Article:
The finance ministers of France, Germany, Italy, the Netherlands and Spain called on the European Commission to include “strong rules” in its upcoming cryptocurrency proposal, in particular for global digital tokens like Facebook’s Libra.
The European Commission will present later this year new rules to develop a “sound” crypto-asset market in the EU, including for stablecoins such as Facebook’s digital currency Libra, financial services commissioner Valdis Dombrovskis, said on Tuesday.
The European Central Bank will next year review its tools and objectives in order to better fulfil its mandate of price stability, and it also intends to assess the appropriateness of issuing its own digital currency, in the face of growing concerns about Facebook’s Libra.
The European Commission has called for a “proportionate” and differentiated approach to regulating digital currencies including Facebook’s Libra, as the EU needs to preserve is developing Fintech environment.
The European Commission questioned on Wednesday (25 September) some member states’ decision to grant at least 18 months to banks for the full implementation of the European Payments Services Directive 2, which requires stronger authentication procedures for online payments.
The Economic and Financial Committee (EFC), which brings together the EU’s member states, has requested an analysis note from the European Commission to further look into the risks posed by Facebook’s controversial digital currency Libra and the ways to regulate it.
Cryptoassets are dangerously unregulated and may give rise to criminal activities, according to two recent assessments published by the European Banking Authority (EBA) and the European Securities and Markets Authority (ESMA).
The European Commission is still hesitant to regulate cryptocurrencies, despite a warning issued by European regulators and bans imposed in other regions following the rising market volatility of digital currencies.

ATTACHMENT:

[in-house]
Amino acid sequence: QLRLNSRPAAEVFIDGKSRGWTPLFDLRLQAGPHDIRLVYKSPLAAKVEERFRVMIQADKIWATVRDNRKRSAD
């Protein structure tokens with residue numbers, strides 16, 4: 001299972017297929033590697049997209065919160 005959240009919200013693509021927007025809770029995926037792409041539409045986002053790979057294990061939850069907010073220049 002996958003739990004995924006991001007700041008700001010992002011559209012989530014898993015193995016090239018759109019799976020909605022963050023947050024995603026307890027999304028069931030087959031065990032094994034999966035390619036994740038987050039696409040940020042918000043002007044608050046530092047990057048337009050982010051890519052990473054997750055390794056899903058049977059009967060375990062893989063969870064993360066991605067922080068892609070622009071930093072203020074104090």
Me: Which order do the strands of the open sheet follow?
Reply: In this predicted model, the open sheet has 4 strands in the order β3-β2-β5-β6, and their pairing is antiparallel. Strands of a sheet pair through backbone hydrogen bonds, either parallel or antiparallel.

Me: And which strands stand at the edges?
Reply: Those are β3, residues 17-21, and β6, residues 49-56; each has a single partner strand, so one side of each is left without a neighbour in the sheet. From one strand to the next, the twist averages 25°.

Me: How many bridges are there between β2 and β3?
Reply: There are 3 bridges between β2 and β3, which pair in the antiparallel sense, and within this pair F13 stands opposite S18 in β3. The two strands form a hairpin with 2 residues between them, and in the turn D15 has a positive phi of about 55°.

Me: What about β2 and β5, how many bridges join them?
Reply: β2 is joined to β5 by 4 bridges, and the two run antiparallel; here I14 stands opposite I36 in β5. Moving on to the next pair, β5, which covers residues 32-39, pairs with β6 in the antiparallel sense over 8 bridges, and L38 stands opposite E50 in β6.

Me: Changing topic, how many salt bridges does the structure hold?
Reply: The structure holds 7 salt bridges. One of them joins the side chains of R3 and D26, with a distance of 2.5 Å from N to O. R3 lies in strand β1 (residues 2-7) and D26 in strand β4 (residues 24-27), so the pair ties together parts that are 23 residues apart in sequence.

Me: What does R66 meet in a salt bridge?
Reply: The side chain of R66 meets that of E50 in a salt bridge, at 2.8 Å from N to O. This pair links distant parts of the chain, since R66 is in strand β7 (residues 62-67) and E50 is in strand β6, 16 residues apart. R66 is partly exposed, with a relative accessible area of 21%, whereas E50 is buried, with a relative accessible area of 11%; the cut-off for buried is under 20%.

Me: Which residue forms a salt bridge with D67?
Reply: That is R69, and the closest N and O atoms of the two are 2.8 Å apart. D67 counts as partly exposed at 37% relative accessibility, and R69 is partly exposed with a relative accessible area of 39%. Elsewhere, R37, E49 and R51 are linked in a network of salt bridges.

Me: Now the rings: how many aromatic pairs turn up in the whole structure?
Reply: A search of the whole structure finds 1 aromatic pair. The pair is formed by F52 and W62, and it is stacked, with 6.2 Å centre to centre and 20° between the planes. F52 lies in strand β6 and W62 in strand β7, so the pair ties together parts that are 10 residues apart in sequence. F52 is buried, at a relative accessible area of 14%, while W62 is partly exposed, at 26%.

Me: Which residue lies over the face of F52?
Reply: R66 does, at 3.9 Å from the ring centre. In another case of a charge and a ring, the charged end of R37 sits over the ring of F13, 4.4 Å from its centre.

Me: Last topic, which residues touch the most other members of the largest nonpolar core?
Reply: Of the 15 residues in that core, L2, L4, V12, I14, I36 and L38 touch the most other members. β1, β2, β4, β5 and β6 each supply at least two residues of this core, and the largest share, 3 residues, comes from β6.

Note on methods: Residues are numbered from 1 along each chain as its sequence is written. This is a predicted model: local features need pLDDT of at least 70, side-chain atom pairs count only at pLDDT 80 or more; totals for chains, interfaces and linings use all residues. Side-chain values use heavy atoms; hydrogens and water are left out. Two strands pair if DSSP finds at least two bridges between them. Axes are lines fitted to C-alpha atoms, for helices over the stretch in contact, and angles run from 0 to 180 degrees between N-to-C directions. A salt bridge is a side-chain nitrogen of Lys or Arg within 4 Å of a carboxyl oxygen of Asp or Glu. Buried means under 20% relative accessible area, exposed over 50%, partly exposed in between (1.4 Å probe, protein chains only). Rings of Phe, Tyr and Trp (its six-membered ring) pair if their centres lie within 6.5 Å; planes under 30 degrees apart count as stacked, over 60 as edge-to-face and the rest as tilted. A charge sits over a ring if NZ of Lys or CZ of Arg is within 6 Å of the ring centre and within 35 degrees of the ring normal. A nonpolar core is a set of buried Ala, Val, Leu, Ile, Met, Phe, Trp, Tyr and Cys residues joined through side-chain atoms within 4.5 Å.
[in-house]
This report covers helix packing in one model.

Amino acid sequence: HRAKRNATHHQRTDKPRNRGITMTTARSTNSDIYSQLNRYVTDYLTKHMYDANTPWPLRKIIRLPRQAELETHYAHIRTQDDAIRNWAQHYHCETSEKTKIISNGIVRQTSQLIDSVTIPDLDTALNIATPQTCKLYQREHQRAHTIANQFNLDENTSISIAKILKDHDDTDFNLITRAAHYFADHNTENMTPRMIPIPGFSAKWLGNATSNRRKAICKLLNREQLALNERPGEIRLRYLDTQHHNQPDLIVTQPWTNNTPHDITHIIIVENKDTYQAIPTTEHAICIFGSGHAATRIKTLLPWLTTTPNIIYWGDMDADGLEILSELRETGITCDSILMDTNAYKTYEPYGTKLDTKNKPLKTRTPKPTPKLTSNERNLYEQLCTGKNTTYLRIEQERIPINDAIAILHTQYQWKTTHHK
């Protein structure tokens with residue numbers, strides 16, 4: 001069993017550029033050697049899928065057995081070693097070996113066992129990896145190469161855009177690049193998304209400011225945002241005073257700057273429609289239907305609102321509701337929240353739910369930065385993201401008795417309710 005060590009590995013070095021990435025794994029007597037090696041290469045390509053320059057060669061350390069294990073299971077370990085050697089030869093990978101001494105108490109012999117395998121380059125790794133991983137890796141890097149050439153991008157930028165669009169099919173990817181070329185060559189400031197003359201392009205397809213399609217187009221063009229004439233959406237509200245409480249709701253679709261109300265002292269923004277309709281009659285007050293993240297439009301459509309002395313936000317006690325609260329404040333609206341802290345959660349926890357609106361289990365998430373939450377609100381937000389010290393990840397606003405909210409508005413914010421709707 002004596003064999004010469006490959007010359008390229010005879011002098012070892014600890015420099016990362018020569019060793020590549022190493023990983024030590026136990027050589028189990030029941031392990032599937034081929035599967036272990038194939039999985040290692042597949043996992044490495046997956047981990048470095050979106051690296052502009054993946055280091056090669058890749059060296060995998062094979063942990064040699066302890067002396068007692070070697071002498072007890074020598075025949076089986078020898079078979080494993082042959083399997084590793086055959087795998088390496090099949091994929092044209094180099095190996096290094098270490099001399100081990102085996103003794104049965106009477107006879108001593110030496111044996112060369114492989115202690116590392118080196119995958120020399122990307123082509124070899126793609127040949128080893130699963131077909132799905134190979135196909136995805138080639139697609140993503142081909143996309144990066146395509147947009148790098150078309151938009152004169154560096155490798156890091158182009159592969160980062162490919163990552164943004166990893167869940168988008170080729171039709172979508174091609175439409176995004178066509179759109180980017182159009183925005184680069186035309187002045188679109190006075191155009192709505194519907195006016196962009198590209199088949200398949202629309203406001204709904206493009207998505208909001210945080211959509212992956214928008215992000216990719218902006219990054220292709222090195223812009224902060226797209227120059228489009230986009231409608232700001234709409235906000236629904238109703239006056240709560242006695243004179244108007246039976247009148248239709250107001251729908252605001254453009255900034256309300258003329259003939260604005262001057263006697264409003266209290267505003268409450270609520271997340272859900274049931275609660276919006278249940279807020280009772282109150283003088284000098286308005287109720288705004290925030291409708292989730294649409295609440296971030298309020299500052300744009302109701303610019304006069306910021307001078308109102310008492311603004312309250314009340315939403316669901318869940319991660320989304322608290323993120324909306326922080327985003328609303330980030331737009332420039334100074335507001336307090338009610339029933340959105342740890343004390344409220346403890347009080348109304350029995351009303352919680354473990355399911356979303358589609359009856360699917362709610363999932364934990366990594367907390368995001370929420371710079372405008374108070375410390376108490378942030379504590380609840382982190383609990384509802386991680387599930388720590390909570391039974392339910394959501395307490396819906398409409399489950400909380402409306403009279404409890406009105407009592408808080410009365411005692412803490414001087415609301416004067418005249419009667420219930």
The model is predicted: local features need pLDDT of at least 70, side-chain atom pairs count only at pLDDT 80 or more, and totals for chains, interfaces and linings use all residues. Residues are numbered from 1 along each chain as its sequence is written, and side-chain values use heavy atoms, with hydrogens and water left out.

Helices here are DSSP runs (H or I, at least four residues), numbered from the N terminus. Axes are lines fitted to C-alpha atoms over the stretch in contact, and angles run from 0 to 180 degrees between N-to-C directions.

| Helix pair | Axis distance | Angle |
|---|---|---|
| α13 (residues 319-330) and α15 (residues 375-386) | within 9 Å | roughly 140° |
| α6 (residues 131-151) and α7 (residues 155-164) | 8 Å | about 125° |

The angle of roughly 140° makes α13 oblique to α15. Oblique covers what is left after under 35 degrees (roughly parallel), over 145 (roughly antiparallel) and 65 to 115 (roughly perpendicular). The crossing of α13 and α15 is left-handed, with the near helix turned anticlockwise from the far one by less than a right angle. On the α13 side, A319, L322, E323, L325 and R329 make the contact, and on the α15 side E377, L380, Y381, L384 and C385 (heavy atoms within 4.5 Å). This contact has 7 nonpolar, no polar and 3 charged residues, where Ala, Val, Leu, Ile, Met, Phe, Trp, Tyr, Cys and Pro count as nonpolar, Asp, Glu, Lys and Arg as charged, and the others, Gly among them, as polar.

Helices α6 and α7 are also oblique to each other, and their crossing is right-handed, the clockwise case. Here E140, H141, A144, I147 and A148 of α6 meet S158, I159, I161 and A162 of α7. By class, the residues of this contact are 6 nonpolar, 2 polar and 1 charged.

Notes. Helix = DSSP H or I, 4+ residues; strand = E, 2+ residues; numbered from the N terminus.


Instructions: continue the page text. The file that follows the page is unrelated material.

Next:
European Union states and legislators agreed on Friday (15 December) on stricter rules to prevent money laundering and terrorism financing on exchange platforms for bitcoin and other virtual currencies, the EU said in a statement.
Perhaps the clue is in its name but the shadow economy’s drain on economic growth and public finances can be difficult to recognise. And, unfortunately, consumers can often unwittingly contribute to its growth, writes George Simon.
Romanian police have smashed, with the help of European law enforcement agencies, a computer fraud gang accused of stealing millions of euros from unsuspecting victims, officials said Thursday (17 November).
The digital revolution in the financial sector will get a helping hand from EU regulators later this year when the European Commission tables new proposals for retail financing, with a clear objective: let the revolution flourish.
'Blending' - a form of pump-priming private sector investment, by leveraging it onto public official development aid - seems to be the new buzzword at this year's EU Development Days, according to the UN's Xavier Michon.
Blockchain is expected to have a larger impact on our business than a potential Brexit, suggests MasterCard’s deputy boss, Ann Cairns. In her view, the technology behind virtual currencies like bitcoin is “a good thing for the future”, she told EURACTIV.com.